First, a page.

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At the heart of TouroAlan Kadish leads America’s largest Jewish university
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Teaneck Film Festival in its ninth year
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The father of Jewish Home Family retiresCharles Berkowitz, visionary creator of compassionate services for the elderly, looks back
Two opportunities to laughStand-up comic, Israeli theater troupe perform in Manhattan
Many Jewish schools send students to visit residential facilities for the elderly.
Usually there is a group activity, such as crafts or singing, and residents tell the students a bit about themselves. But there hasn’t been a specific platform that gives retired communal leaders the opportunity to share their knowledge with the younger generation.
A new program recently initiated between the Jewish Home at Rockleigh and the Frisch School in Paramus is mining the depths of those wellsprings of wisdom.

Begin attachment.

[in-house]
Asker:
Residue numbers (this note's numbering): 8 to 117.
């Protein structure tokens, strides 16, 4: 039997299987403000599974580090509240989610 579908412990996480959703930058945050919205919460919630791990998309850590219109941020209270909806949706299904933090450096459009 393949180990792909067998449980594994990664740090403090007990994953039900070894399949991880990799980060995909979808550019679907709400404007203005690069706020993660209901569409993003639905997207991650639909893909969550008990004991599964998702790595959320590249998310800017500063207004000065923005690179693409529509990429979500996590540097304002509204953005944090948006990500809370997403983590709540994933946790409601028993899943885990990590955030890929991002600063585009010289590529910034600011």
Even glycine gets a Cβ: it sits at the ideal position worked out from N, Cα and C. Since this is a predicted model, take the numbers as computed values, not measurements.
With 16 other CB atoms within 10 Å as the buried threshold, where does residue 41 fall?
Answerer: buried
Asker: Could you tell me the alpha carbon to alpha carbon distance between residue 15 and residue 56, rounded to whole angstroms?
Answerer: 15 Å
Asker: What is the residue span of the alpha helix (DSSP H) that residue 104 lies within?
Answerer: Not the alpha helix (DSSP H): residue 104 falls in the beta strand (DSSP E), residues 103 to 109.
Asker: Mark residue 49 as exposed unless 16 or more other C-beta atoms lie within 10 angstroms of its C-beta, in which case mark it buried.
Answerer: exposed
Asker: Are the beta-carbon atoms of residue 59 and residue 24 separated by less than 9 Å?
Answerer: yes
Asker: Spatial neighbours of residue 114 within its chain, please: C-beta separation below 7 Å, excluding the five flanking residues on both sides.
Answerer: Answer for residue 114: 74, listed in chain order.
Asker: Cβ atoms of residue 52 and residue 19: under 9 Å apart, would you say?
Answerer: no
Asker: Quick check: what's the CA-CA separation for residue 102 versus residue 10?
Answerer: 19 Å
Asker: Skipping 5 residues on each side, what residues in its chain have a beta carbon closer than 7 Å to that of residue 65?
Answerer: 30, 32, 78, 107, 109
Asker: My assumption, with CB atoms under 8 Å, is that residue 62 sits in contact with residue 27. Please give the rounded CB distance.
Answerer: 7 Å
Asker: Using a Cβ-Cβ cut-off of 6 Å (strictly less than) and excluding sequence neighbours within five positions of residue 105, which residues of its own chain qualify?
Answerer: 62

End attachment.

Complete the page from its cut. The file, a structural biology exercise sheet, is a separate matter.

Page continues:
“Linking the Generations: Training the Next Generation of Jewish Communal Leaders” grew out of a meeting on September 30 between six student council representatives from Frisch and Jewish Home residents George Hantgan, founder of the Jewish Federation of Northern New Jersey and the Englewood JCC (now the Kaplen JCC on the Palisades in Tenafly); Lillian Marion, a long-time member of Temple Emanuel of the Pascack Valley, and Allen Nydick, former director of major gifts at the Jewish Federation.
Tova Sklar of Bergenfield, 17, recently became the first national NCSY president from New Jersey in a decade.